A Case Study Examining Participants' Perceived Stress after Hot Yoga and Restorative Yoga


yoga, hot, restorative, stress, case study, qualitative, quantitative


Social Work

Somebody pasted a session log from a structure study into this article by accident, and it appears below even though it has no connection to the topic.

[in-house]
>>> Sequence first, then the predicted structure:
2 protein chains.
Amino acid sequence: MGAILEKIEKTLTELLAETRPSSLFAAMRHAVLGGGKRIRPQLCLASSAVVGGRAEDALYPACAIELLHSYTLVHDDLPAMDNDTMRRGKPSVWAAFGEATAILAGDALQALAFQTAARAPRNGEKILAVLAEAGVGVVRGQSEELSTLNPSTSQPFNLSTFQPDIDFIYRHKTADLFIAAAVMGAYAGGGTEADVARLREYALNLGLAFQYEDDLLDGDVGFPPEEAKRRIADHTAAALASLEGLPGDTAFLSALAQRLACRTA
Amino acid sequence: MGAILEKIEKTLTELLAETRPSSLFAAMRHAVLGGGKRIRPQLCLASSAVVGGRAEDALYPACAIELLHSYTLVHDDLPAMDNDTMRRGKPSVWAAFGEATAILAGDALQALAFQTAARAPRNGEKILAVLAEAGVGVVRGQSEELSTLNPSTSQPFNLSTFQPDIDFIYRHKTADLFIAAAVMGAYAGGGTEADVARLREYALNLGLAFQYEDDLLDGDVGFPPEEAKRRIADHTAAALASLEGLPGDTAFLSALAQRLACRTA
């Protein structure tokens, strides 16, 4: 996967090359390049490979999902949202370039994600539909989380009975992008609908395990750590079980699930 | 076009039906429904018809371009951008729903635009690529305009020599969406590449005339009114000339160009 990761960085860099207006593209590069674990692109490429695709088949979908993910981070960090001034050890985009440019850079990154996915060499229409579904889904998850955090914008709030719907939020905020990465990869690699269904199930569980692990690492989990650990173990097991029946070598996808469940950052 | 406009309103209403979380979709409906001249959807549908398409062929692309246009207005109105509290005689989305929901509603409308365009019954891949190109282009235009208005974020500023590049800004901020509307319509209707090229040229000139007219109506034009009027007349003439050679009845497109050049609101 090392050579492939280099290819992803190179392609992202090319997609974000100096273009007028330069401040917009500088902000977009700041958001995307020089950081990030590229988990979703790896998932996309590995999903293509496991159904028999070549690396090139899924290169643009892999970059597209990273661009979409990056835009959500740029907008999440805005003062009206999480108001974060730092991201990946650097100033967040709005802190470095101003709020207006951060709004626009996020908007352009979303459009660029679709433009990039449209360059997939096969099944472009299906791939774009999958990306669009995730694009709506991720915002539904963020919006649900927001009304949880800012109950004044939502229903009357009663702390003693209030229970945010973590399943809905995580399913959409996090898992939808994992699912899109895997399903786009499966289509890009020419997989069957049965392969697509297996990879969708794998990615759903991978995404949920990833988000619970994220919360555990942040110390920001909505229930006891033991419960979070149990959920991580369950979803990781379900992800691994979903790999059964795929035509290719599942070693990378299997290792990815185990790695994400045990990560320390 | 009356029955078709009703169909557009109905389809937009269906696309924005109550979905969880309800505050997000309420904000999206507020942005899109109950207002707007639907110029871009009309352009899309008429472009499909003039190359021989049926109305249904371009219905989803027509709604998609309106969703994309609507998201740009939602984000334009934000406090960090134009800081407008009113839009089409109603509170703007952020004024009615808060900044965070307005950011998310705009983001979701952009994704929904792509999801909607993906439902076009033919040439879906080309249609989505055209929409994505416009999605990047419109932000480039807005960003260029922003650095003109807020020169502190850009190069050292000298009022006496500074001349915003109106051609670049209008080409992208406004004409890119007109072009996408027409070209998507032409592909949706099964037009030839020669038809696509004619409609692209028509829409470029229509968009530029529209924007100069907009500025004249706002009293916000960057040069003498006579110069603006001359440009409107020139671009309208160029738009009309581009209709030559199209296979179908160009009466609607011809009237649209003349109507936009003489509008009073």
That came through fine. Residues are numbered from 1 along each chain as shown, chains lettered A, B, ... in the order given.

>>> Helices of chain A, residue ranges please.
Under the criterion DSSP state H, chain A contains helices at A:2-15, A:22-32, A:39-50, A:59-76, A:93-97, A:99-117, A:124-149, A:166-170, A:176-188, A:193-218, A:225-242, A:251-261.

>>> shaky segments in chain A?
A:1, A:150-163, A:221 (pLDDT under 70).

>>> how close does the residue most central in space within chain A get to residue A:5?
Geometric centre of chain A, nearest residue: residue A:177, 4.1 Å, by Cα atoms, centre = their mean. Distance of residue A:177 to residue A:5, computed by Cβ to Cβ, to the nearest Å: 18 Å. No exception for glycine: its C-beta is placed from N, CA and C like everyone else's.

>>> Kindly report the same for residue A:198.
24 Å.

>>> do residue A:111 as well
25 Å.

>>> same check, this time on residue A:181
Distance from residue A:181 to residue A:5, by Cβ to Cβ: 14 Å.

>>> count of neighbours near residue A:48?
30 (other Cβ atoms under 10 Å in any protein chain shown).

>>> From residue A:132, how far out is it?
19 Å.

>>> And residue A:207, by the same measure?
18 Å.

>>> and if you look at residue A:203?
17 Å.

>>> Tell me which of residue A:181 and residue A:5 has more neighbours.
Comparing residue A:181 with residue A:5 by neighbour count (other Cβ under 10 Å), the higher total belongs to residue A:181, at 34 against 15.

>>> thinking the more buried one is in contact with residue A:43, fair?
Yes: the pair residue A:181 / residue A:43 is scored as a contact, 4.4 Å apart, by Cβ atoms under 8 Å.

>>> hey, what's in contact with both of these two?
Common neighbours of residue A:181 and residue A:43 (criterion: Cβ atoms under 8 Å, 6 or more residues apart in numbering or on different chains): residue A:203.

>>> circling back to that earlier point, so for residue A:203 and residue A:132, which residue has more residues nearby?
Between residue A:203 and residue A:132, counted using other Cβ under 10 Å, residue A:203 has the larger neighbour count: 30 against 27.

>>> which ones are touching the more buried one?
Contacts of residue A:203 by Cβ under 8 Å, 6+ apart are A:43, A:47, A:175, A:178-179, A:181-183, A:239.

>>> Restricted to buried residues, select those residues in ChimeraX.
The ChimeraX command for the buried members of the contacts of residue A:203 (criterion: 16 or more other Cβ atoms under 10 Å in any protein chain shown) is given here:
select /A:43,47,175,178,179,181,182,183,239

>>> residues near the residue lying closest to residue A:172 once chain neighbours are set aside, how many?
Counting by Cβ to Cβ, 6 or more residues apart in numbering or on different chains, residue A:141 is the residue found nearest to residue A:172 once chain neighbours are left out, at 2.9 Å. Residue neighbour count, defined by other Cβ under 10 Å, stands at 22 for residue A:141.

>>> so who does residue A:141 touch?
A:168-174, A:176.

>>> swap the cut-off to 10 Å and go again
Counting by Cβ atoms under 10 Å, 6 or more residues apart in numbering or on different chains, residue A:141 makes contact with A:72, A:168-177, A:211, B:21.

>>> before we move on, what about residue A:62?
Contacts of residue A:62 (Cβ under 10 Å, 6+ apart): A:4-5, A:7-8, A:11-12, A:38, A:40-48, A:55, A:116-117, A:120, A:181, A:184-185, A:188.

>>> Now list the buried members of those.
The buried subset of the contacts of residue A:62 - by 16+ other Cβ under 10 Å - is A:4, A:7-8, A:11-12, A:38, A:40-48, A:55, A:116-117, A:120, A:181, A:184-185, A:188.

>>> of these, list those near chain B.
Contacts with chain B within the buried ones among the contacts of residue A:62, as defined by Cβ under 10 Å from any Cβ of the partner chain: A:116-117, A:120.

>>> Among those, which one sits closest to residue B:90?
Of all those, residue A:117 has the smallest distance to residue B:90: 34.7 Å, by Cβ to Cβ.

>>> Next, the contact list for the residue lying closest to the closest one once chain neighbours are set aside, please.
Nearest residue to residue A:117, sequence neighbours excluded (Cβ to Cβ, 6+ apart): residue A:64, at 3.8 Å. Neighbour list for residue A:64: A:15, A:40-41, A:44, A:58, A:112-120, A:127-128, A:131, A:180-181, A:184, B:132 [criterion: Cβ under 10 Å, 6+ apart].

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Participants who engage in yoga interventions throughout their lifetime experience decreased stress and physical tension, yet few studies compare types of yoga and their effect on participants’ perceived stress. This study examines the cases of nine yoga participants who were non-randomly assigned to eight classes of either hot yoga (n=4) or restorative yoga (n=5). Yoga classes lasted an hour and fifteen minutes, twice a week for four weeks. Participants completed a self-administered standardized assessment, i.e., the Ardell Wellness Stress Test, a 25-item Likert scale examining physical, mental, emotional, spiritual, and social aspects of their lives. Additionally, participants responded to a questionnaire consisting of six open-ended questions asking them to describe their perceived stress before and after each class. Participants in both yoga groups demonstrated no change in stress levels according to the Ardell Wellness Stress Test but did report a small decrease in perceived stress after each yoga class. The open-ended questions were analyzed by examining word frequency. Restorative yoga participants used words such as “relaxed” and “good” while hot yoga participants used similar words such as “relaxed” and “peace”. In both yoga groups, there was even an increased strength in feelings towards God.